We propose to investigate the nature of progressive architectural practice through the analytical deconstruction and subsequent physical reconstruction of a selection of Frank Lloyd Wright's building details. The experimental assemblies found in many of his innovative buildings are evidence of Wright's desire to challenge the boundaries of conventional construction and were integral to the success of his architecture. As such, they warrant exploratory research that will contribute to the critical dialogue surrounding one of the most exceptional and prolific builders of the Modern era. Whether valorized as representative of his commitment to a Gesamtkunstwerk (total work of art), or perceived to have failed the test of time, these architectonic vehicles should be considered as micro-architectures in their own right. The analysis of these assemblies (eg. the dendriform columns and the Pyrex glass-tube façade of the Johnson Wax Headquarters) will reveal valuable conceptual and pragmatic lessons on the pioneering of innovative building technologies and methodologies. These lessons will resonate with contemporary architectural practice, given its preoccupations with advanced fabrication technology and passive environmental control: Wright's interests and innovations anticipated both. It is essential that these lessons be demonstrated in built form, as it is in execution that these contemporary practices face their greatest challenge. This investigation will take place between May and September 2008, and will consist of three phases: archival and in-situ research and analysis, physical reconstruction, and finally installation and publication.This project will serve as preliminary research for our subsequent collaborative Master of Architecture thesis project, where we will explore the tension between the sustainable and conceptual desires of architecture through the fabrication of full-scale building assemblies.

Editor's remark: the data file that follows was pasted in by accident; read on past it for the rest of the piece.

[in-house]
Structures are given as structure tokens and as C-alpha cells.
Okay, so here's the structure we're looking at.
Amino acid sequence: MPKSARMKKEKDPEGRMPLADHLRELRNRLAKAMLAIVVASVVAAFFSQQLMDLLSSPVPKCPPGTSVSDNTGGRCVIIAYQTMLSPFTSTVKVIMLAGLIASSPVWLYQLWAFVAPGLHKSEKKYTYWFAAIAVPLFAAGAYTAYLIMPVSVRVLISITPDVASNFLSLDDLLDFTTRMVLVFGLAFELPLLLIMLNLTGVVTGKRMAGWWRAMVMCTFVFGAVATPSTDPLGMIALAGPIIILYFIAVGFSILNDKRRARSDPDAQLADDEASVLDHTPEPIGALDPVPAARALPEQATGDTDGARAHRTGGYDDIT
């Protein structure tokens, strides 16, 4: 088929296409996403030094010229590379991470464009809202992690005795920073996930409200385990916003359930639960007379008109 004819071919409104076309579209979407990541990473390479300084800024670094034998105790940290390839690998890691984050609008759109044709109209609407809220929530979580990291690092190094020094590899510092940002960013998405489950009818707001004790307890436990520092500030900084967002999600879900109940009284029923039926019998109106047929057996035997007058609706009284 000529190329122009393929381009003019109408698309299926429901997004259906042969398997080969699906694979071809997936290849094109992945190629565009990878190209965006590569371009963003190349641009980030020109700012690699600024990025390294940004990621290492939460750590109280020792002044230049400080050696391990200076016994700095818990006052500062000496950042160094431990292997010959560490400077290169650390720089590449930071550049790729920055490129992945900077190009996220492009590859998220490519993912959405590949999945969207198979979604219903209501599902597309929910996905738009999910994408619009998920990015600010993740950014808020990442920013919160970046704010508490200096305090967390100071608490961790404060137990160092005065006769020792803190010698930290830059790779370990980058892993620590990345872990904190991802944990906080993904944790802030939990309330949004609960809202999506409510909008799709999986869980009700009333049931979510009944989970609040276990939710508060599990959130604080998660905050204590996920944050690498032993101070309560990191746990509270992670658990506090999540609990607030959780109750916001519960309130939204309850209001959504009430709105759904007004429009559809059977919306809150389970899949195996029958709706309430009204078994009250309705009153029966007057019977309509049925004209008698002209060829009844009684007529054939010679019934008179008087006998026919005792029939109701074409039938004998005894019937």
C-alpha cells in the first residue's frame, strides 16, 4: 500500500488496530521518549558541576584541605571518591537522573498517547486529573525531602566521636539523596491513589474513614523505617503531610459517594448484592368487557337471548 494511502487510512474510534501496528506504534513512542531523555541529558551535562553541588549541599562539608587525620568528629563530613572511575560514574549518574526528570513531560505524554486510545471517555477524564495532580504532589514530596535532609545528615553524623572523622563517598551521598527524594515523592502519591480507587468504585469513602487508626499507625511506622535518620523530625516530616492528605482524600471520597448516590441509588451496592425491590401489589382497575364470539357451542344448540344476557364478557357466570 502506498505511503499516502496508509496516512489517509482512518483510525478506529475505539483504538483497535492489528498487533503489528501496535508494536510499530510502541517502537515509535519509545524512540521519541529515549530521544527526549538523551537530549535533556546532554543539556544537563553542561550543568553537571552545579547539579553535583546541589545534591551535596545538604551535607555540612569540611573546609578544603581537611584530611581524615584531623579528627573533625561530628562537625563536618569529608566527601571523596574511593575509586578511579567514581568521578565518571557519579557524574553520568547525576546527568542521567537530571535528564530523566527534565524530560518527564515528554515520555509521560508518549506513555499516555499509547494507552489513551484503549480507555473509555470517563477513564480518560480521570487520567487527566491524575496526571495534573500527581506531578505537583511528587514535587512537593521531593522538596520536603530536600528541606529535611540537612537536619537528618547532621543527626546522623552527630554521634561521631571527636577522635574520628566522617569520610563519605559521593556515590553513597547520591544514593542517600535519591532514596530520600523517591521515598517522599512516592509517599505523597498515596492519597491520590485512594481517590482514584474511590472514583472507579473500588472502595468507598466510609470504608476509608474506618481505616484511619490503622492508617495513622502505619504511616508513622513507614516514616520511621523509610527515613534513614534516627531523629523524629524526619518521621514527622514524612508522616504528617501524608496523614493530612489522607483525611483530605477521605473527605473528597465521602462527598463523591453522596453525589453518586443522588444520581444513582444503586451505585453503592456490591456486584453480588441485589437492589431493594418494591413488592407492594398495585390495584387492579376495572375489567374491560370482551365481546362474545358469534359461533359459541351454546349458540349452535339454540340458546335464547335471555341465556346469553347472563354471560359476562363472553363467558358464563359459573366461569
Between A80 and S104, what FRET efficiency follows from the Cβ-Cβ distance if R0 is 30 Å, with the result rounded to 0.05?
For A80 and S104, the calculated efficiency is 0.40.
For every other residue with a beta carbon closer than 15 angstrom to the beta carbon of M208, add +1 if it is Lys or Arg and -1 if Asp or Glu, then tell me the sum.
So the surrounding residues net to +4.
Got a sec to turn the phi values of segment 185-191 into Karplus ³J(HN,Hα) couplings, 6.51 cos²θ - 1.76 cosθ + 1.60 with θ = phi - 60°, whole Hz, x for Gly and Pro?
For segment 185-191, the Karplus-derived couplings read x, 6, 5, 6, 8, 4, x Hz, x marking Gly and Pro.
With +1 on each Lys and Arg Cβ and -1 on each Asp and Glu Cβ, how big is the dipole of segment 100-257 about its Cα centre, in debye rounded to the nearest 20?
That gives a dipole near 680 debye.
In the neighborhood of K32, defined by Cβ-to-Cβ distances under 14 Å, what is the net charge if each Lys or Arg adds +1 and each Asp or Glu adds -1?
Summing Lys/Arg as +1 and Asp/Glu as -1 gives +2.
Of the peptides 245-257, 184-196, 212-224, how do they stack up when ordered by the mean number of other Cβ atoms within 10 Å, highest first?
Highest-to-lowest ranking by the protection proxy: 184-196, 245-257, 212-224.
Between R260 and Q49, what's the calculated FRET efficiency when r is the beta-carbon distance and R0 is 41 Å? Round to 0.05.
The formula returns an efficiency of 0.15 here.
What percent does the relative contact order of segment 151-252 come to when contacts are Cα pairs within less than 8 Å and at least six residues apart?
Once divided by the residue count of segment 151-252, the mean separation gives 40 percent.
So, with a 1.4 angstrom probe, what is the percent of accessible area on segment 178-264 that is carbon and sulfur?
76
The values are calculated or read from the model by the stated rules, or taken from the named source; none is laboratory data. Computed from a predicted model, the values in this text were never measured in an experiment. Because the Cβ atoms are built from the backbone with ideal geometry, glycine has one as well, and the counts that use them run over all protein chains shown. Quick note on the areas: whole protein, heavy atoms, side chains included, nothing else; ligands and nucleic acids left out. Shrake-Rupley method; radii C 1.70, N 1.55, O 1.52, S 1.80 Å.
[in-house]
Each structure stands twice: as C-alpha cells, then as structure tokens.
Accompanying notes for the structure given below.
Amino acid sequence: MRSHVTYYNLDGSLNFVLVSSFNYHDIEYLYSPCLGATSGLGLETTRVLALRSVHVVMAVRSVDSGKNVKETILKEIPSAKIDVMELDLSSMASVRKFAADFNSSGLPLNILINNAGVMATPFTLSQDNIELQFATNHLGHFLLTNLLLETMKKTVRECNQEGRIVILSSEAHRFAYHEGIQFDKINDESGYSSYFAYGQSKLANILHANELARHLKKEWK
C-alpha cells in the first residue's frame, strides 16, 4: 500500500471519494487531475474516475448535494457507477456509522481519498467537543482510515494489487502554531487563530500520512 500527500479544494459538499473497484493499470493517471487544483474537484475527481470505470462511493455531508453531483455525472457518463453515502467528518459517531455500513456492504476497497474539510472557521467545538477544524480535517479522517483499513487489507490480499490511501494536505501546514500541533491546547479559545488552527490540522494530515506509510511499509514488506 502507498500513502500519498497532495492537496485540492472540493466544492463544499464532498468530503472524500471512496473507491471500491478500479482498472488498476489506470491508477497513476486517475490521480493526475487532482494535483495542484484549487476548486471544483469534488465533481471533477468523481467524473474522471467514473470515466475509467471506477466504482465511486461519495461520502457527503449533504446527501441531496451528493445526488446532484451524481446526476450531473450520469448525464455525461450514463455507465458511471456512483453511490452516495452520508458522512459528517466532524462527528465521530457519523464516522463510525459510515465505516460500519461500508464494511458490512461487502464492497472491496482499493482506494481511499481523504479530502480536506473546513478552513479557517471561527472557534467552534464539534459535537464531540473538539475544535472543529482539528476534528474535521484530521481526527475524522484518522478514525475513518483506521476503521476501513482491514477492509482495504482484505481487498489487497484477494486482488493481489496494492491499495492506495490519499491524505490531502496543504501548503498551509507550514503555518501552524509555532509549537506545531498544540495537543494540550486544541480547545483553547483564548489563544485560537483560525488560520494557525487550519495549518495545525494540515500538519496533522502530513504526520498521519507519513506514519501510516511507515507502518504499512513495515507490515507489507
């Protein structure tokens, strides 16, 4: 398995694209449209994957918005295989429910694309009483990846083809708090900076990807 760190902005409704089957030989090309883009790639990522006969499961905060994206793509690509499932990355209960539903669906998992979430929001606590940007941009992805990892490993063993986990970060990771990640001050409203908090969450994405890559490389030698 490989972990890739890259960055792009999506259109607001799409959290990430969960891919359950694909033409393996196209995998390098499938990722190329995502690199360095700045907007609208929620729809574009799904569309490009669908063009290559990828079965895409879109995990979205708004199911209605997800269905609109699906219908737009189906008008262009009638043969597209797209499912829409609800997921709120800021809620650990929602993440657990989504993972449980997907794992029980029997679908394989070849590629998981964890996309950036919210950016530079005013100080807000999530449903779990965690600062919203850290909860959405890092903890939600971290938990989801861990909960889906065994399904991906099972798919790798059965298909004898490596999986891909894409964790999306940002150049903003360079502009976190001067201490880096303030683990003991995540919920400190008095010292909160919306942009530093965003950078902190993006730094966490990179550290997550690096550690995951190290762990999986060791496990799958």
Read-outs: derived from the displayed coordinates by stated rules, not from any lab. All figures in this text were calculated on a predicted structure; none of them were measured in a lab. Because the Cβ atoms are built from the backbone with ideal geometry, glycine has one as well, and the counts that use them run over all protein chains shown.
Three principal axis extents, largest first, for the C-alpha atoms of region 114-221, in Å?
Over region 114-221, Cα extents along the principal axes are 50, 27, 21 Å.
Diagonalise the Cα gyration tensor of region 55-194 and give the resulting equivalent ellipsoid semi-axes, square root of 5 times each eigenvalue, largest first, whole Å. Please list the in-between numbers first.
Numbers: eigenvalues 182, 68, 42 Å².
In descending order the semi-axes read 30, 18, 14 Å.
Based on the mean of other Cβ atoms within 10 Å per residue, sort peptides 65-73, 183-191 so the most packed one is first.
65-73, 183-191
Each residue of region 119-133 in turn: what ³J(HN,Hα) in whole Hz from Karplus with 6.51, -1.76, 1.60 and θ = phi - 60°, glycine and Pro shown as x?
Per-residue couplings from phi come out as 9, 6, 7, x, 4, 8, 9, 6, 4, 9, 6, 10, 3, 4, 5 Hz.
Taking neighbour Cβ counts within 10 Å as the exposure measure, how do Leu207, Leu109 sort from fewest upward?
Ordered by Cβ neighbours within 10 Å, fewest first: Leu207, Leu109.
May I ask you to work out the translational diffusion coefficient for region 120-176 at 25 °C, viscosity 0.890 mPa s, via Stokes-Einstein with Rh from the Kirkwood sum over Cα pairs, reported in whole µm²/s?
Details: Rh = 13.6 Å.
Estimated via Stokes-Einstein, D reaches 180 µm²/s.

Frank Lloyd Wright Deconstruction and Reconstruction
As the 2007-2008 Howarth-Wright Fellows at the University of Toronto Faculty of Architecture, Landscape and Design, Luke Stern and I will be spending the summer of 2008 investigating Frank Lloyd Wright's pioneering building technologies and methodologies and demonstrating their relevance to contemporary practice. An excerpt from our Fellowship proposal is shown below.